I certainly don't want to discourage this but since cost is your major motivator, I'm not sure if you are making the right decision by going DIY route.
     
  11. Athiril

    Athiril Subscriber

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    Rodinal, fixer, photoflo, developing tank+reels, change bag, 10ml lab glass graduated cylinder, 100ml lab glass graduated cylinder, 500ml lab glass beaker.

    The glass should be very cheap, $3-$4 a piece, and the graduates are much more accurate.

    Rodinal, fixer, and photoflo are very cheap.


    I use patterson universal tank.. 2 reels.. they do 35mm, 127 (iirc) and 120, as they collapse/change sizes, easy to load if theyre dry, pita if theyre a little wet, becomes easier again (not as easy as dry) if theyre saturated wet.


    If you only need to show your photos at web size display online, then a cheap flatbed will do, otherwise a CoolScan, or Plustek, or Minolta scanner, is a must etc. Although, if you're getting $ for something after someone looks at something, you can send the neg away for a dedicated, imacon, or drum scan anyway. Not an issue for here, but good to point out for people instead of sending them away when money and commercial money may be involved.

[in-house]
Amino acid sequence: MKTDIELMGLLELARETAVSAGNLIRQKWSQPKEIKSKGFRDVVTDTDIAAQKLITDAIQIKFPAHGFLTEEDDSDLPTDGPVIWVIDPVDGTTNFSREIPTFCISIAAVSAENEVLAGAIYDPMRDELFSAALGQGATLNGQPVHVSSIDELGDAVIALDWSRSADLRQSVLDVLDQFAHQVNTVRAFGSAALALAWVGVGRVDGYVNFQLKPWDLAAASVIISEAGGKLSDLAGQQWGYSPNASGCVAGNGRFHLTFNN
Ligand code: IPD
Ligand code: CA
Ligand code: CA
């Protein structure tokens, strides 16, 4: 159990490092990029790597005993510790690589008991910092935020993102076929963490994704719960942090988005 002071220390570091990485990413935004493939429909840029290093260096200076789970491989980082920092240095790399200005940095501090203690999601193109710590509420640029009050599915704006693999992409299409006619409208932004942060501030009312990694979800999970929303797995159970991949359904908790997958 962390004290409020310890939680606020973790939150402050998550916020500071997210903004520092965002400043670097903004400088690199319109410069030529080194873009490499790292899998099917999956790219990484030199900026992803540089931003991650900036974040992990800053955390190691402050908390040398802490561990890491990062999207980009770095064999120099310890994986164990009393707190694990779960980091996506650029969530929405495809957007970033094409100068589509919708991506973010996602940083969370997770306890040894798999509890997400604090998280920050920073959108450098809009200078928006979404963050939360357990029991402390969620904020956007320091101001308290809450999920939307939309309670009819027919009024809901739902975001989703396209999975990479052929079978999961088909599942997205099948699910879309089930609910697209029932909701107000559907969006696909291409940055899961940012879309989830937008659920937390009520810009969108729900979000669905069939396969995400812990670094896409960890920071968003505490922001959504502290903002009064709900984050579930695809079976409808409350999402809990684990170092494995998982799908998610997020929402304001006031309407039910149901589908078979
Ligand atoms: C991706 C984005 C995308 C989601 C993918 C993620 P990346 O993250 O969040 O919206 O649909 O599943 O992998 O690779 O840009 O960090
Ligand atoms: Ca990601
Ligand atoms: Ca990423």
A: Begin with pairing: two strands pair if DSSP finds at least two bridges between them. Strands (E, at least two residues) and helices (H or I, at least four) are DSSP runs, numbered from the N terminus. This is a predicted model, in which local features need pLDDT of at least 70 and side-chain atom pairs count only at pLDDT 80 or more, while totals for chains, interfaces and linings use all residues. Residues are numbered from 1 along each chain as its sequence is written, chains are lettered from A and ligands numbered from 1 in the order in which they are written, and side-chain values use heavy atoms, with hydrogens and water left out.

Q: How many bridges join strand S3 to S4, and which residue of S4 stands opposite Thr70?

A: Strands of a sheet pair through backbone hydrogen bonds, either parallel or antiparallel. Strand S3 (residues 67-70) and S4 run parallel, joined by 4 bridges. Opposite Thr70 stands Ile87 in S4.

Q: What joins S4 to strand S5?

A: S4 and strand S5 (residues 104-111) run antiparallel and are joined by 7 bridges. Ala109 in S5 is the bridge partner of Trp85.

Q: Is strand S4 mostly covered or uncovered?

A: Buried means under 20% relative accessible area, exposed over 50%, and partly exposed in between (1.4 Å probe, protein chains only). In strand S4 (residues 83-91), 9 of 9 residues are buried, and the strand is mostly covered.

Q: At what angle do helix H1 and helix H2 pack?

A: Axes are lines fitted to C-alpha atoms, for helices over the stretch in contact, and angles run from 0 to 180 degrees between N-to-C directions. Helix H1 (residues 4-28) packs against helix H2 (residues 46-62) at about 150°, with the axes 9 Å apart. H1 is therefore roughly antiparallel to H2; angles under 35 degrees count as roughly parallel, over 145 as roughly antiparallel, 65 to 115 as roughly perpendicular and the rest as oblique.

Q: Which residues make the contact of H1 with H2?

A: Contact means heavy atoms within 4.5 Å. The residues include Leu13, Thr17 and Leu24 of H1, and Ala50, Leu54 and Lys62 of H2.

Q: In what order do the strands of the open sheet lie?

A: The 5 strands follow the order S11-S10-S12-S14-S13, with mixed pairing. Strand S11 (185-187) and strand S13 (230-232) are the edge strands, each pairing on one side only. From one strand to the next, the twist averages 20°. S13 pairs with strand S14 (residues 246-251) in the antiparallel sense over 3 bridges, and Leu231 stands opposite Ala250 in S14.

Again not an issue.. but to point you in the right direction.. the real resolution of my V500 is 1200-1300 dpi, which is 23.6-25.6 lp/mm, or if you want digital terms, a sharp 2mp dSLR image for 35mm, and 8.3 for 6x7cm. But theyre for web images only.. then its not an issue. FTR PlusTek announced a dedicated 120 scanner recently.. not on sale yet iirc.

    Again FTR, I do think it is worth you shooting film as opposed to digital only in a commercial sense, for the highlight retention you get with negatives, choice of exposure, which you can overexpose, retain highlights, as opposed to having to expose carefully on digital and drag shadows way up in post that may just not be sharp and covered in noise depending on how much you need to pull up..


    eg: My Tri-X 400 in 35mm yesterday came out nice, yesterday was pretty harsh in the city.. 5-6 stops of difference between the midtones on the sun light, and in the adjacent shade, let alone highlights in the sun to blacks in the shade.. all came out on the neg simply at EI 400 and normal processing :smile:
     
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  12. Coffeehound

    Coffeehound Member